CALIFORNIA NATIVE LANDSCAPE DESIGN
A CASE FOR CALIFORNIA NATIVE PLANTS
"Designing cutting-edge suburban landscapes utilizing California native plants" is
more than a hip new slogan. It is an idea whose time has come! Once relegated to the realm of the niche market, it
is now rapidly ascending to the forefront of public consciousness where it is promising to take its logical and
The idea of the California native plant garden is not new. In 1891, Theodore Payne recognized the intrinsic value of the designed native garden with its promise
to attract beneficial garden-friendly wildlife, and to conserve precious natural resources, when he saw a large
display of California native plants at The Royal Botanic Gardens at Kew in England. The premise of developed gardens and landscapes
being aligned with the ecosystem they were to be implemented within made perfect sense to him.
This premise today is supported with more relevant data than ever before. With legislation pending in Sacramento, dwindling water resources a stark reality, and native plant
communities, such as our coastal sage scrub, dangerously depleted, making a case for designing California native
landscapes and gardens is now imperative.
It is a common (and understandable) misconception that California native plants are esthetically unfit for
suburban garden and landscape applications. Most people think of dry hills covered with brown sage brush and dead
weeds left over from winter rains. The fact of the matter is, there are select nurseries located throughout the
state of California that propagate native plant species specifically to grow—and flourish—in suburban landscapes
with a fraction of the water required to sustain a landscape stocked with thirsty, imported species. Many of these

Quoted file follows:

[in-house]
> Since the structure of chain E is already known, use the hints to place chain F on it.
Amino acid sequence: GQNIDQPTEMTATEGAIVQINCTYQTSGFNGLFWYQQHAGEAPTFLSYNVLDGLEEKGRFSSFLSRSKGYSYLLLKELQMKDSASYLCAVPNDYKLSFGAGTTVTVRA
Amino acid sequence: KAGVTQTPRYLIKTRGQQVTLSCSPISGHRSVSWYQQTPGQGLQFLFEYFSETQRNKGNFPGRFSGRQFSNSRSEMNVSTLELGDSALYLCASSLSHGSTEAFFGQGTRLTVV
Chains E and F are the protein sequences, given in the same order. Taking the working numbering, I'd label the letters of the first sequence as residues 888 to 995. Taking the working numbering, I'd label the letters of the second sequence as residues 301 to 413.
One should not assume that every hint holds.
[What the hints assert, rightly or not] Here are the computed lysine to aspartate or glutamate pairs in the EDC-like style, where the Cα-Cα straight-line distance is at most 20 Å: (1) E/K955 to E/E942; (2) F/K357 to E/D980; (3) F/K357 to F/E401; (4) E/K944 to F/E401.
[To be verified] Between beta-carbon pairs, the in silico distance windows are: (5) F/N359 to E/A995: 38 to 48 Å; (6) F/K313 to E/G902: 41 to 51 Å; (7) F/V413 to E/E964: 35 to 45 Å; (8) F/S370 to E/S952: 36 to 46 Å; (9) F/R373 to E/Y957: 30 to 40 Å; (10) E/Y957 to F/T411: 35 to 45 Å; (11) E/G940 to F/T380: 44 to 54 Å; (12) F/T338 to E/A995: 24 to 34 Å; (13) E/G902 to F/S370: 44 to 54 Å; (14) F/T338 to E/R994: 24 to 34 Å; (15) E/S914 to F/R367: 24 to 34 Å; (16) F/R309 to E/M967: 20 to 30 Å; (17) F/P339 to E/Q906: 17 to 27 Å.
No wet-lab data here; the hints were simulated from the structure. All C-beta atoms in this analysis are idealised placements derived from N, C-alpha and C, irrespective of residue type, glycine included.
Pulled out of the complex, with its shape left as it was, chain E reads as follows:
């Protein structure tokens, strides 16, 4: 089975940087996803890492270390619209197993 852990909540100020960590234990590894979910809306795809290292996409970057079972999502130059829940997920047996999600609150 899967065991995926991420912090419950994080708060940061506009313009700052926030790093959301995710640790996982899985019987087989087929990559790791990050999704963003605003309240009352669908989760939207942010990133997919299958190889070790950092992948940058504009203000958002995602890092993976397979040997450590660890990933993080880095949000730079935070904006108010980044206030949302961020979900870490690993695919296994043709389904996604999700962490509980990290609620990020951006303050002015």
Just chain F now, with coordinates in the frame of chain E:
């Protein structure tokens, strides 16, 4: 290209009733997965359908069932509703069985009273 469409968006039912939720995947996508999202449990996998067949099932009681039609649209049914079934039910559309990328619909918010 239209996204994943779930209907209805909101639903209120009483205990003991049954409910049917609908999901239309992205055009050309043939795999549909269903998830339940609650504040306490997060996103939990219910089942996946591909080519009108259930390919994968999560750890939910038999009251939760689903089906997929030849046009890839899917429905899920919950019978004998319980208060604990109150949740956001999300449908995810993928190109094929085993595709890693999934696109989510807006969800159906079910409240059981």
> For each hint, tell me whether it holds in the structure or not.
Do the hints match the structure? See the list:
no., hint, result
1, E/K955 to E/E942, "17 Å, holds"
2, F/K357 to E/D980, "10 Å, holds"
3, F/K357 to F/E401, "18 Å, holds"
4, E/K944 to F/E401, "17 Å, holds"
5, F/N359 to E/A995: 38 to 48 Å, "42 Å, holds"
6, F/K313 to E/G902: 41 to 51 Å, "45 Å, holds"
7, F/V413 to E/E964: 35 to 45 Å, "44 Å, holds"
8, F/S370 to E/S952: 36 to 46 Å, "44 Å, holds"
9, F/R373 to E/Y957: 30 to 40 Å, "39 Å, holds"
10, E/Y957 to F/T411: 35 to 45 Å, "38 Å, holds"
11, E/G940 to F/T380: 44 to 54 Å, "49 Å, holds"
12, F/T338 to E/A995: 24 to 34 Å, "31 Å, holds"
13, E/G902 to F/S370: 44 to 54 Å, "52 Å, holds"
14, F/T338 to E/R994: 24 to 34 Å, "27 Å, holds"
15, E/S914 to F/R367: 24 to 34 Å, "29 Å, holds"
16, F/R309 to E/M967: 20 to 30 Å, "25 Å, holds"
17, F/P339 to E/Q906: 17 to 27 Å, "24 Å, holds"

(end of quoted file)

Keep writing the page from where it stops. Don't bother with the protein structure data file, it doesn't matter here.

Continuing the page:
native varieties are evergreen, look great year round, are adaptable to soil and micro-climate variations, and are
perfectly suited for use in the suburban garden.
California native plants also have a longer life span than your traditional nursery cultivars, (commonly used
varieties can live from 40 to 200+ years) and have less need for fertilizer, insecticides, and pesticides. They
have increased aroma, drought tolerance and require far less maintenance all but eliminating the need for noisy,
gas-powered, polluting yard maintenance equipment.
California natives, with few exceptions, are disease free and restore much needed natural habitat to dwindling
populations of animals whose breeding grounds, sources of food and water, and protective cover have been polluted
and destroyed by decades of unchecked, rampant development and urban sprawl.
A California native garden has much more to offer than mere esthetics. Emulating native plant communities, while
employing traditional design elements and principles, coupled with the return of native fauna, offers homeowners
throughout the state a deeper relationship with their gardens.
Invite change into your garden, discover the essence of authentic California, and join me in restoring a
sense of regional identity to a suburban setting that has forgotten the unique, natural beauty of our state.